The reference to A Nightmare on Elm Street isn’t an accident. Learned helplessness is a type of ingrained or instilled behaviour that has a negative impact on a child’s development, sense of self, and the internal fortitude to invest in the work required to achieve future goals. This is, by anyone’s definition, a nightmare.
As we parent our children, loving them, providing for them, and nurturing them, we develop our own dreams and aspirations for our children. Depending on the era and the culture, we may have differing dreams, but we all have them. It’s our desire as parents to see our children do well in life – personally, socially, and economically. Ironically, it is also our parenting that has the potential to limit our child’s opportunities to achieve.
Learned helplessness is a behaviour manifested in statements like, “I can’t…” or “I don’t want to…” or “This is too hard…” or “Let someone else do it.” Or worse, learned helplessness becomes a perception of self: “I’m no good at anything!” “I’ll never get this right!” “Never mind. I quit.”
The idea of inability develops when a child is not carefully challenged to persist at tasks s/he finds difficult. What is initially helping a child to dress, put away toys, make the bed, or collect school things becomes a detriment to the child’s wellbeing when the “help” continues past the point where the child has the physical dexterity and mental understanding to do the task independently.
When we as parents continue to tie our children’s shoes, make their beds, pack their lunches, round up their homework, or get them out of bed long after they can set an alarm (on an iPhone,) we are not doing them any favors. If we allow anyone else to do these things for our child, we set the stage for the development of learned helplessness.
Research shows there is a direct correlation between learned helplessness and poor academic performance. When a child is not taught to manage himself or herself independently, or he/she is not given age-appropriate responsibilities and held accountable to do them, that child is at risk to fail at school. And it’s not because there’s anything wrong with the child’s intelligence: the problem is thwarted development. When we do not encourage and support our children in trying hard things or in persisting with tasks until completed, or by requiring our children regularly to wait for or to earn things they want, we are setting up our children to struggle in school. Fortunately, this problem is quite easily avoided. Find a list of developmentally appropriate tasks for your child’s age and begin to introduce those skills, one at a time. Follow the Add, Demonstrate, Explain, Practice, & Test (ADEPT) Model of learning. Introduce a new learning task as soon as the previous one is mastered.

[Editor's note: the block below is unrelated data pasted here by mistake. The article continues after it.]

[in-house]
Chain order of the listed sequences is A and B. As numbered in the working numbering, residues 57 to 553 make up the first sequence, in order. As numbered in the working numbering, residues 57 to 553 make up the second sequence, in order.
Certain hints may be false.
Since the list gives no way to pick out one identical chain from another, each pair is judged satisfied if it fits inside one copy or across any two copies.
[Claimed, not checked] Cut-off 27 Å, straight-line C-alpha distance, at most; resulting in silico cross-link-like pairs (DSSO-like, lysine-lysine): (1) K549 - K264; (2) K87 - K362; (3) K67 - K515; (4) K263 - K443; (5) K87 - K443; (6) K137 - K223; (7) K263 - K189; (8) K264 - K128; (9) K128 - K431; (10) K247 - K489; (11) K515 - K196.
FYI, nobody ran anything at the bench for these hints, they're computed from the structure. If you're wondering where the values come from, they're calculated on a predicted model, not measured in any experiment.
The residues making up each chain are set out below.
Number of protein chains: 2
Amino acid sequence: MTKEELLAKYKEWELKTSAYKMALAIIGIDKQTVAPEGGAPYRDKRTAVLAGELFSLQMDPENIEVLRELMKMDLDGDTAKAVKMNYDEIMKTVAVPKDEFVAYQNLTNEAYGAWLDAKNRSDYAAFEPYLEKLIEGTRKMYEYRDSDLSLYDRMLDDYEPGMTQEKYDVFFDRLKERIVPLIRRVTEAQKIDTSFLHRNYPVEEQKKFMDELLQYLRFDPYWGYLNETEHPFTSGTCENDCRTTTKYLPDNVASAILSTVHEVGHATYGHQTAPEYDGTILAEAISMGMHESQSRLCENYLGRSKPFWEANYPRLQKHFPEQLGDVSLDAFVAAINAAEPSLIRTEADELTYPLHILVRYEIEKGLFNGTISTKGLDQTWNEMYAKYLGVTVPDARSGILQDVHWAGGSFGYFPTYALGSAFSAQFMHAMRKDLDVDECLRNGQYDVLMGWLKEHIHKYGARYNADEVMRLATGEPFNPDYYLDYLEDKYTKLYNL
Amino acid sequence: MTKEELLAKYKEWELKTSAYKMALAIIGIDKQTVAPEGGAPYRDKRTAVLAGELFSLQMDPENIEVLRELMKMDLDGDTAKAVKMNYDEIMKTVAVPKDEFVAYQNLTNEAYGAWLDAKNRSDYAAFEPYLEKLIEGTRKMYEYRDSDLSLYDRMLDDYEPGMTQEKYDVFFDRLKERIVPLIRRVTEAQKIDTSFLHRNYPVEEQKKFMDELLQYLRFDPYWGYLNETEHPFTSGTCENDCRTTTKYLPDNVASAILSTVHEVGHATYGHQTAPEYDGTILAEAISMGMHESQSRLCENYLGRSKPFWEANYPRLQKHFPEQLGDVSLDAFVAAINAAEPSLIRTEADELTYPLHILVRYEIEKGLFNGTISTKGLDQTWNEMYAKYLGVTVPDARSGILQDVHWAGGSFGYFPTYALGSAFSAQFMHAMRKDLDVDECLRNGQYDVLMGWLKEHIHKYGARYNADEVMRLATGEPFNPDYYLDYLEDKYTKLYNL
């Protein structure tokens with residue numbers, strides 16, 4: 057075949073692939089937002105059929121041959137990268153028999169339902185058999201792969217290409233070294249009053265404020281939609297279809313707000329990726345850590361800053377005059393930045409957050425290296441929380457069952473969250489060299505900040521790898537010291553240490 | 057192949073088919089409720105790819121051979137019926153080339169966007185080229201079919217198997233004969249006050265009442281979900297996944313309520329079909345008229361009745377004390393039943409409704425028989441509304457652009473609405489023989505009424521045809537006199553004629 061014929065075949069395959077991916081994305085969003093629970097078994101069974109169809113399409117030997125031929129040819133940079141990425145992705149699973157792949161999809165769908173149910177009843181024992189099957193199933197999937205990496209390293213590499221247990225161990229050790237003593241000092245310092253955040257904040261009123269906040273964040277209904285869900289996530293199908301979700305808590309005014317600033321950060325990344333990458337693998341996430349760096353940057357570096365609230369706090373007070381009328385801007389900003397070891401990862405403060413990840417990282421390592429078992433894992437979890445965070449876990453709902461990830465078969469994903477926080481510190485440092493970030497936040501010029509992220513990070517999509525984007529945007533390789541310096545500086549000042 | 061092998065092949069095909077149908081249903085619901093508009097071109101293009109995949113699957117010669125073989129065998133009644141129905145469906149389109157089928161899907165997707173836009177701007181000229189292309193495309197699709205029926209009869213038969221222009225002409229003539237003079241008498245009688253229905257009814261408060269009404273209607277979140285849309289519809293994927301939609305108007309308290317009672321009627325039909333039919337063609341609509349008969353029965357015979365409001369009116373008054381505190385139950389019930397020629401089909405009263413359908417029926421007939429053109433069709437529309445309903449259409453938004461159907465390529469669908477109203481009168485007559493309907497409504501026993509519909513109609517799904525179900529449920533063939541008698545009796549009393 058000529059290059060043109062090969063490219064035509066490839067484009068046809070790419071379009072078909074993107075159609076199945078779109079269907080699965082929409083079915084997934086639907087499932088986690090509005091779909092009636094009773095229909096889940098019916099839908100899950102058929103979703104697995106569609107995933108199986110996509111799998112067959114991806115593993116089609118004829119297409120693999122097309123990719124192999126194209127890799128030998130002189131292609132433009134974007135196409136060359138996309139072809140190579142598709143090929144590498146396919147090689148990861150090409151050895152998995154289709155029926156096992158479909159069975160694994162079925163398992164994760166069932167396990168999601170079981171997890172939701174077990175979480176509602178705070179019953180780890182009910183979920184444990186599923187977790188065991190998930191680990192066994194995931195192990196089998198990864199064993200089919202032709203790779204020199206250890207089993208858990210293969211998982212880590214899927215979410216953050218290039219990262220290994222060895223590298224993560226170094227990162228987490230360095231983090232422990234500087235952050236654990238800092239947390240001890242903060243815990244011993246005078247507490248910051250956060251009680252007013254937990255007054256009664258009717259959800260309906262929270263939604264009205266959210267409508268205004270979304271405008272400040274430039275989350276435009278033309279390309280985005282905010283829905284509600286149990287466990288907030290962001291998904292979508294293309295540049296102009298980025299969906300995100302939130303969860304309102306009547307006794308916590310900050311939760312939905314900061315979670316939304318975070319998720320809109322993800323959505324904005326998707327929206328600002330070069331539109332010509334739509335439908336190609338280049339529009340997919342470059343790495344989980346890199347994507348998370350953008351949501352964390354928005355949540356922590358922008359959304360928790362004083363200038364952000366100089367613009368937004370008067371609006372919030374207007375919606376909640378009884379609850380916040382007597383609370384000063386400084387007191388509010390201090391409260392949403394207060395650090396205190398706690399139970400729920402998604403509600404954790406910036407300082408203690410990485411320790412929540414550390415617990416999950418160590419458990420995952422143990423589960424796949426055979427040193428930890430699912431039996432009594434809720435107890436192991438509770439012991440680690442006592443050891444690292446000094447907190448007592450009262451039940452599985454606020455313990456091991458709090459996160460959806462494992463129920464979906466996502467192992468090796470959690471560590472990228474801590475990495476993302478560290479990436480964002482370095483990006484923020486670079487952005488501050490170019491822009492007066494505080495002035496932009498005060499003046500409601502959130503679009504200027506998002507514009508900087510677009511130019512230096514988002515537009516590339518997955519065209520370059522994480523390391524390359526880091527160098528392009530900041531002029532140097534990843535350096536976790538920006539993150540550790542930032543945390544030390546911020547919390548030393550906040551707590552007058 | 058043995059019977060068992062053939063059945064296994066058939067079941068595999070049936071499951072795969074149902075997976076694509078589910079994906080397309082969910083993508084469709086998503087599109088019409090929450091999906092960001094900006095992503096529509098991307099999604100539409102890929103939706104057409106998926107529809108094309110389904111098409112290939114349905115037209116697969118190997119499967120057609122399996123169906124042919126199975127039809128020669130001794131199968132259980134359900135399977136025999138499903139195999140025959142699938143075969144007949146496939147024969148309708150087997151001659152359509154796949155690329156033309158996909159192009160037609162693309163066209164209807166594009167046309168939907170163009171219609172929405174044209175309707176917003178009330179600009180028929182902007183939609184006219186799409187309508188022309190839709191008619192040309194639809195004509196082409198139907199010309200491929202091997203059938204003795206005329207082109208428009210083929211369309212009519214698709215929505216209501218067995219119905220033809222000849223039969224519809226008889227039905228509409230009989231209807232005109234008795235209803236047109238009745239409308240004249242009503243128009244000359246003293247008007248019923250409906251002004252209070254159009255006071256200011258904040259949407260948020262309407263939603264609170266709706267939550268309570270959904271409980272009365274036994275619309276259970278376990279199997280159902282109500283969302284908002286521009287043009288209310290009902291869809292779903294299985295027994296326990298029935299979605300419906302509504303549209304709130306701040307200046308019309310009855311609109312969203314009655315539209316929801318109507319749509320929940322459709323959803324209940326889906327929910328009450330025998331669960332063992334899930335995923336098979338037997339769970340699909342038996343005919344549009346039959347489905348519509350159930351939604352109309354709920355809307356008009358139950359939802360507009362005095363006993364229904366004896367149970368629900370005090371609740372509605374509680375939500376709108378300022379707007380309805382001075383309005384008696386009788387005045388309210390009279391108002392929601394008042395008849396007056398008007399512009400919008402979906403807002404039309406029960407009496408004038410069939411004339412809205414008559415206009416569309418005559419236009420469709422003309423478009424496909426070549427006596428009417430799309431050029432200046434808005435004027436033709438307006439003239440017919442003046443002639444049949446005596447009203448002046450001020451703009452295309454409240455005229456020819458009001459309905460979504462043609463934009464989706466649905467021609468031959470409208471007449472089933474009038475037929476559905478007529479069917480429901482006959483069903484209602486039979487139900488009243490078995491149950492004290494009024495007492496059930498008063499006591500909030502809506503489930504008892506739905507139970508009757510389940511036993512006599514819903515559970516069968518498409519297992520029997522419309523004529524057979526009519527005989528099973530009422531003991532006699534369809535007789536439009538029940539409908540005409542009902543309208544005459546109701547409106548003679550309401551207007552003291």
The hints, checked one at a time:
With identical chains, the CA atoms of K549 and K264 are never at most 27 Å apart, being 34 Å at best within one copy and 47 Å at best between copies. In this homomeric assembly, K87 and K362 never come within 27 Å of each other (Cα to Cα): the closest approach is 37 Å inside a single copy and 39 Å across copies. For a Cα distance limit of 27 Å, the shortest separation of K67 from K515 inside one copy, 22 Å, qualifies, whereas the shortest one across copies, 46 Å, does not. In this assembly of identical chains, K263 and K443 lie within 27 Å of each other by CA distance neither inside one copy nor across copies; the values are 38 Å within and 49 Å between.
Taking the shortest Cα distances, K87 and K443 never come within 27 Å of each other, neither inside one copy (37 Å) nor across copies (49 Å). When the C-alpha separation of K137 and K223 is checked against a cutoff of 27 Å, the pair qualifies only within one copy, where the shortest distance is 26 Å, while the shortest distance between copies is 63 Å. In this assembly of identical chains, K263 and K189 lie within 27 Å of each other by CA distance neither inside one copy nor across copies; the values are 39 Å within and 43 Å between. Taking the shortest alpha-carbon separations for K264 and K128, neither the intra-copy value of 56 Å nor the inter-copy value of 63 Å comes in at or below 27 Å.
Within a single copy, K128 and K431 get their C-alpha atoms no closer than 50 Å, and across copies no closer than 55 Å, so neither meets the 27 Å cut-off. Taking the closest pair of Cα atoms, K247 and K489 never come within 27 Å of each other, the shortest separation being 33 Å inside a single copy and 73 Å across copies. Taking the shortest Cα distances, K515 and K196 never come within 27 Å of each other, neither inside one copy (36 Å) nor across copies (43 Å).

For example, if your child is six, then riding a bicycle is a developmentally appropriate activity. No child ever just gets on a bike and rides away (at least none I’ve ever heard of) and so this is an opportunity to follow the principles of ADEPT.
Any task is best arranged from easiest to most difficult. A bike with training wheels first, until the child has the coordination for pedaling, stopping, starting, and turning mastered. Then with encouragement, one training wheel is removed and dad runs along side until the missing training wheel is forgotten. Finally, the other training wheel is removed, and once again, dad runs along side, steadying the bike until the child has the confidence to ride alone – sounds so simple.
In reality, there are falls, scrapes, tears, accidents, anger, and eventually, success…if the child is encouraged to persist. If, at the first fall or bump, the child says, “I’m never going to get it right!”, and is allowed to stomp off, the foundation for avoidance has been started. Certainly scraped knees and a sore backside aren’t pleasant when they happen, but the reality is that the scraped knees are immediately forgotten in the absolute euphoria of riding that bike independently – no training wheels, no daddy’s help – for the first time.
So it goes from toddlerhood to leaving home for college. Eventually, our children have learned how to manage themselves. In the process, we have created the best possible attitude for life – a human being who has learned through experience that persistence, practice, and personal effort create the climate of success. If we as parents truly want to help our children achieve all the promise we believe they hold, we can start by not doing anything for them that they can do for themselves.
A Canadian psychologist traveling the world on a busman’s holiday, Dr. Susannah writes about anything that catches her attention. Bossy from birth, compassionate by choice, and funny by accident. You can visit: www.soorcenter.com or follow her on Twitter: @drsusannah